Cost of front pads: $250/pair


Cost of rear pads: $250/pair


Cost of front rotors: $150


Cost of rear rotors: $800


It's great that the stock pads last so long, but the cost of replacing the rotors far exceeds the advantage. I did find the rear rotors for about $550/pair. It was recommended by some that I replace the pads with softer pads to save the rotors, but I really like the grip of the stock pads and I didn't want to deal with the dust typically associated with softer pads.
 

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Alaska Duramax said:
You got ripped off. Sorry man but you should have atleast checked around.

Maybe so, but I wanted to stay with the OEM setup. I do a lot of trailering and I was concerned with using aftermarket products (I've heard lots of good and bad about them).


I'd be interested in knowing if the aftermarket replacements last as long as the OEMs (approximately 80,000 miles).
 

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Ok, so where did you get the front rotors for $150. Inquiring minds want to know. Then I will replace the front calipers also for like $23 a piece too. Hopefully that will do it:)
 

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I called my local Chevy Stealership. Prices are as follows and I recieve no special discout or anything.


Front and rear Pads = 142 per set


Front Rotors= 133 EACH


Rear Rotors = 189 EACH


Ryan Chevrolet in Minot North Dakota.
 

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OMG, you sure? My dealership here wanted a bit over $400 a peice for my front rotors. I will have to call another dealership!
 

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I would never have paid $800 for two rotors. That is ridiculous for factory replacements. Not to mention $250 for brake pads. That is highway robbery anyway you cut it. The prices don't even make sense. It sounds like some dealers are just ripping people off. No big surprise there...
 

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Yes I am serious. I posted the name of the dealership. Call if you think I am lying. I think that thier priced are like WAY high still. But 800 is just insane.


Like I said before go to raceshopper.com and they have good prices on high quality upgrade pads and rotors.


I called and talked to hawk for about 45 minutes. SUPER helpful.t they are designed to do. They have the standard hipo pads that are the HPS and then they have a heavy duty application HPSD. Compounds are significantly different. The HPS is designed for hard initial bite and Reduced fade. The HPSD is designed for Even Further reduced fade and Longevity with high heat situation.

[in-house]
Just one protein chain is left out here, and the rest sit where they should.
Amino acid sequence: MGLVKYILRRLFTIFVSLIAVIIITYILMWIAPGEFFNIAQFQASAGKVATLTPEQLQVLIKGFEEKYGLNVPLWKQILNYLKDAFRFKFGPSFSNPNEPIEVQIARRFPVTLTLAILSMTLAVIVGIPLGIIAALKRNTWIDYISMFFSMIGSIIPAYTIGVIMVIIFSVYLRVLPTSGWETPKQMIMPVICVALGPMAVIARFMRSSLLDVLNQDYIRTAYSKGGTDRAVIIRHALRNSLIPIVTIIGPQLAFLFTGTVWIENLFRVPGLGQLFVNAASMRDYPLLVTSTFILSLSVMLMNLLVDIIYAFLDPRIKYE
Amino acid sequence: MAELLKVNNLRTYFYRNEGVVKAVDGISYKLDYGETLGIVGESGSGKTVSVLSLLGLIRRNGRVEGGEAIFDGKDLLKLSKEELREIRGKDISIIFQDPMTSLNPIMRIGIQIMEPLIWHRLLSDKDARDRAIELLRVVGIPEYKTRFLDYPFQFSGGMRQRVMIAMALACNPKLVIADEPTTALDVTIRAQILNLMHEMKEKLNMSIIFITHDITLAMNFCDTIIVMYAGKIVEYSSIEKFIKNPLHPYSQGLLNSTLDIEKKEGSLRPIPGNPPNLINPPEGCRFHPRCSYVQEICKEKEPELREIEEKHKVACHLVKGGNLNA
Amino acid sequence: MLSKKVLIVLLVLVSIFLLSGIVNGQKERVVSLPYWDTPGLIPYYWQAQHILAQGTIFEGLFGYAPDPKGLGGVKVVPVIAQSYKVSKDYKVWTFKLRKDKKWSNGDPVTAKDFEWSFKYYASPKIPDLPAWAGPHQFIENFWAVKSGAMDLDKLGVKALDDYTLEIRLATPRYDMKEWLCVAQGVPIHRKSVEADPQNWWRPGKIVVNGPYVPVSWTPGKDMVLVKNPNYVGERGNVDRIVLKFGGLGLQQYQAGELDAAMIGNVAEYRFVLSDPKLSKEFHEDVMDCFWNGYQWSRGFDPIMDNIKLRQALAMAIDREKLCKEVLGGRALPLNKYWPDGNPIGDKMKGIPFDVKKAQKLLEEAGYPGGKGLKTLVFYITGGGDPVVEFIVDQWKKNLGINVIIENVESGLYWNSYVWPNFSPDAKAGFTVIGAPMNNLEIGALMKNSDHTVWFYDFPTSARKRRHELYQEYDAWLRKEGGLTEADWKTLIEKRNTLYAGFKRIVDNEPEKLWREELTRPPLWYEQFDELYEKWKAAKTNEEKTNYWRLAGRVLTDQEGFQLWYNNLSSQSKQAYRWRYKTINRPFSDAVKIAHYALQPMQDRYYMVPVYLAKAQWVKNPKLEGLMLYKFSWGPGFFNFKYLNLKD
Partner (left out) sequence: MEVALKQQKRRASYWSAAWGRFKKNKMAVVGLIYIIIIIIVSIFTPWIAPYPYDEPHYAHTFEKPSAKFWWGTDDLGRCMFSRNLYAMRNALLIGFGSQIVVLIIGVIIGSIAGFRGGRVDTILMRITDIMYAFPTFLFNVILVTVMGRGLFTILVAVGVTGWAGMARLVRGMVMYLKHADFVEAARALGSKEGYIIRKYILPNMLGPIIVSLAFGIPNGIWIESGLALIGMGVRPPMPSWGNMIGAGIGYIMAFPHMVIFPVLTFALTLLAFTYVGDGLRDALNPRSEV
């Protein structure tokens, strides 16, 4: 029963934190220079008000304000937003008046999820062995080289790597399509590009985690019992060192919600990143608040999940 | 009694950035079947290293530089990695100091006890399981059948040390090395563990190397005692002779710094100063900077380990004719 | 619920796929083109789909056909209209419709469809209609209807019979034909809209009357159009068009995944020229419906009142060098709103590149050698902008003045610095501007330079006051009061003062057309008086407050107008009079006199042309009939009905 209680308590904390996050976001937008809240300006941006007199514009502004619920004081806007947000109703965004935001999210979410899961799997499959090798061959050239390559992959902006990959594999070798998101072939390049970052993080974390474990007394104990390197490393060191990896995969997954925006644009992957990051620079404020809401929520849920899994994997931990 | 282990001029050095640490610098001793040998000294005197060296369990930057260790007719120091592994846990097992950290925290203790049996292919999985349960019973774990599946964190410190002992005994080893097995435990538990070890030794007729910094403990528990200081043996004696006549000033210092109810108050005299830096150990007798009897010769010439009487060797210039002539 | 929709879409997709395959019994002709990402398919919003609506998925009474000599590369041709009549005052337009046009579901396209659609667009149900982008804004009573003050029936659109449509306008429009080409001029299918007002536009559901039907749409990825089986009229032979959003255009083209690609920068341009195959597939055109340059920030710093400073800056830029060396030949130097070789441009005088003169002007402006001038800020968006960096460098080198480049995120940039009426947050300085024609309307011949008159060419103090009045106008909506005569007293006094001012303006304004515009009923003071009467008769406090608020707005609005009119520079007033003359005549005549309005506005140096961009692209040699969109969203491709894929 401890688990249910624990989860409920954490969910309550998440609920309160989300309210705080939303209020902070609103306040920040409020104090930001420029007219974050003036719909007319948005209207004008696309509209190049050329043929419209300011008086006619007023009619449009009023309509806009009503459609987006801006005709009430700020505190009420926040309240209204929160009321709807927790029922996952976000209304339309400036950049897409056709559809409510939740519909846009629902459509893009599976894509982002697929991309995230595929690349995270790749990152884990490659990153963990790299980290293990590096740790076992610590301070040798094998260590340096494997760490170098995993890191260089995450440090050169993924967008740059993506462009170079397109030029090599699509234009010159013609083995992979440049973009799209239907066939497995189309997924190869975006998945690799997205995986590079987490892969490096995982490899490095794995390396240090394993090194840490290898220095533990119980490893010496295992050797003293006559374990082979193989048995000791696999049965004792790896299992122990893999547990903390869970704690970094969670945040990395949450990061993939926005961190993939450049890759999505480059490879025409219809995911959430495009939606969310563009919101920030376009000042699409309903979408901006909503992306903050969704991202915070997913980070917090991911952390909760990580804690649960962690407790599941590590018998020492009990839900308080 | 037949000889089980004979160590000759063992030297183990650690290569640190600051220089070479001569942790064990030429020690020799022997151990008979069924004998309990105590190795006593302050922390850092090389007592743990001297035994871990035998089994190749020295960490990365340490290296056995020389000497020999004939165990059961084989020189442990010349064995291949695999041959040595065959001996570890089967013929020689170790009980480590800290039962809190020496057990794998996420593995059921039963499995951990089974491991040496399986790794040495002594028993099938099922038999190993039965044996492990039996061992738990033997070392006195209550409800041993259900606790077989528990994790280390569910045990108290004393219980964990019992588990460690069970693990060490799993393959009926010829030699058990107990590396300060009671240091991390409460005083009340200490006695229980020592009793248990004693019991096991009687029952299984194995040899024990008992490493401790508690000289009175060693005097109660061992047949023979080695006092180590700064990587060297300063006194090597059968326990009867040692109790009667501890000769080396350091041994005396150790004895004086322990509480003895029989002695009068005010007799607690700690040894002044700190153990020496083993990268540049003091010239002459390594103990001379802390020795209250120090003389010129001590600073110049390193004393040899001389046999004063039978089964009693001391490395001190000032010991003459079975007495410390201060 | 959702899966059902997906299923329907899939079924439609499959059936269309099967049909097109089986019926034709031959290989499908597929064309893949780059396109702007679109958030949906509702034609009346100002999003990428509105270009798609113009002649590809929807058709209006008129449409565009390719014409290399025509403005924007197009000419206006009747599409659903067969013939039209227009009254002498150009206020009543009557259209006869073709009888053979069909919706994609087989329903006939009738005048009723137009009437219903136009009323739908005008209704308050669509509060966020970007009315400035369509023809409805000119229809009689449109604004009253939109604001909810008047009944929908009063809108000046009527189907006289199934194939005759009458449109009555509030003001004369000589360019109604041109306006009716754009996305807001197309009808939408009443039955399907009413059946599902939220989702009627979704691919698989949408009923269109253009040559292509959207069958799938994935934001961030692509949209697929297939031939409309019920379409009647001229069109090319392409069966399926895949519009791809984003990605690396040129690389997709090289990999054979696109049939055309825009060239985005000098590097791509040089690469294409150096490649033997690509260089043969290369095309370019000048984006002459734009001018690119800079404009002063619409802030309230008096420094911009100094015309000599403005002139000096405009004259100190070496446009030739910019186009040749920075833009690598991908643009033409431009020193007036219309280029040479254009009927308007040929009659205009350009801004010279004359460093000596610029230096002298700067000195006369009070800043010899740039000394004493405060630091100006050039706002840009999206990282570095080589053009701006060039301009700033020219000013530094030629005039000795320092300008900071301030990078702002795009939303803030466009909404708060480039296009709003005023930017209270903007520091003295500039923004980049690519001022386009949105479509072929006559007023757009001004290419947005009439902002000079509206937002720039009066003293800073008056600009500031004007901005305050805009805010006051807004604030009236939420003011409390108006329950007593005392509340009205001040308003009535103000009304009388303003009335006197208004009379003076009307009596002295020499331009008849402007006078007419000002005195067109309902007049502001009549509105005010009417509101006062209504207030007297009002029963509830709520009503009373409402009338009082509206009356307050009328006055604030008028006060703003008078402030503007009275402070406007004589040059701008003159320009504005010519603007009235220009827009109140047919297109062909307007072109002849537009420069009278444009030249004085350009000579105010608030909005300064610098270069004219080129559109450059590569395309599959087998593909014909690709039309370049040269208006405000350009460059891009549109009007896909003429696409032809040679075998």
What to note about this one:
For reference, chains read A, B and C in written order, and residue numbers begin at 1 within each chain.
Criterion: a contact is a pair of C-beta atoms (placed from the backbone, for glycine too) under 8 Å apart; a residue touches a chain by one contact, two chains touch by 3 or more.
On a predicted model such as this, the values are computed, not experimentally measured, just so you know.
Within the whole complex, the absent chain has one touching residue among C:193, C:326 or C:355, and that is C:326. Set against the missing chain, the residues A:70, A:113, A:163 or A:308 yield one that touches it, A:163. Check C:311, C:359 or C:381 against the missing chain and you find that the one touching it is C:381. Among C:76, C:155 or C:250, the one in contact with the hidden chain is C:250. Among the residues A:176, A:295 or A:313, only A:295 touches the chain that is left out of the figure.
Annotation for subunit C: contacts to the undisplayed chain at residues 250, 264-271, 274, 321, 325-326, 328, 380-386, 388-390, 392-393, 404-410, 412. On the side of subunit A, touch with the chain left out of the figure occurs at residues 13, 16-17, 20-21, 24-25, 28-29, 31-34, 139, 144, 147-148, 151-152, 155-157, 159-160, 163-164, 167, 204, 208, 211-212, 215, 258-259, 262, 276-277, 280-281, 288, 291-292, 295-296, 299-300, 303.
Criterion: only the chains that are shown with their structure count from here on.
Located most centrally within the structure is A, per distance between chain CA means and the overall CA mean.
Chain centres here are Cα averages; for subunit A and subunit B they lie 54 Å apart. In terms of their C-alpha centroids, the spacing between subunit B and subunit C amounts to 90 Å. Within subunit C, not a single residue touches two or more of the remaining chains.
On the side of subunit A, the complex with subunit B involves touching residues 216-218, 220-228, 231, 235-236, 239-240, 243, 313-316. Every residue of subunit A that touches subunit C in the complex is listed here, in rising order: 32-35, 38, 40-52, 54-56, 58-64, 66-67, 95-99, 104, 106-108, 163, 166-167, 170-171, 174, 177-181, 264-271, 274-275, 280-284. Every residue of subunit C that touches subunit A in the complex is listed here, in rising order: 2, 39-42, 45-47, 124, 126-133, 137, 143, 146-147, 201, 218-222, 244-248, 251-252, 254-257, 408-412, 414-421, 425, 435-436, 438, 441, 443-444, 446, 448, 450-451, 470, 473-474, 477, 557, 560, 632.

The guy didn't own a Dmax, but did have a 02 Ferd and pulled a 5wheel. Asked me what my usual load was and how often I pulled it. I said that I pulled about 25-50% of the time and my load was either my Harley or my Jeep. No camper or anything. He recommended the HPS pads. They do pads for a living so I took them at thier word. Here are the Part Numbers I ordered.


Front= HB322F.717


Rear= HB323F.724


If you want the HPSD just remove the "F" and insert a "P".


Even though they do not make rotors the guy went on to recommend the powerslot rotors because of the slotting style they use. It is not a fully slotted or vented rotor as traditionally thought. Its slots are not all the way through the rotor. This is helping with the warping associated with sloted and vented rotors. But the slots are still deep enough and taked to the outer diameter to allow for gas venting.


For those that don't know Brake fade is caused by Gas trapped between the rotor and pad. Gas is caused by heat. Heat by friction. However we want friction! Afterall that is what stops us. So brakes must be designed to deal with the Heat and Gas. Slotted and vented rotors do a great job dealing with the gas. However the design is inherently weaker than a standard solid rotor and hence they have a tendancy to warp.


I have run Vented rotors on my Jeep for many years. Luckily my rotors are big enough and the Jeep light enough that I have not needed to worry about the extreme heat buildup and warping of the vented rotors. Our Big Pickups are a different story.


They small rotors and huge weight equal bad juju. That is where the Powerslot rotors come in. They are solid but with machined slots to vent the gas. In theory they are the best of both worlds.


Powerslot Part numbers


Front=8692PSL and PSR


Rear= 8691PSL and PSR


I have yet to recieve or install them but assure you that I will report good or bad as to thier performance.Edited by: Alaska Duramax
 

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I think I see why mine are so expensive? My rear drum is like 100 pounds and the front rotor is 45 pounds. My truck is a dually also. I have found the front rotors for 150 now, but not sure if I am going to go with the slotted rotors due to the loads I haul. Here is the only pic of my truck I have.





 

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I have read that many guys are getting over 100,000 miles before the front need replaced, and at those miles the rear look very good.


I have 55,000 miles and they all four look like new.


I had an 97 Z71 with 11" of lift and 37" tires, and I had to replace the fronts evey 50,000 or so , while the rears was good for about 100,000 miles. Amd with that truck, I had to replace the front rotors and rear drums at approximately 186,000 miles. (14 bolt rear) the cost was up around $400 if I remember correctly. $125 a piece for the rear drums, compared too $40 each for the 10 bolt on most 1/2 tons.


The way I look at it is, the bigger the truck, the more it cost to play/work.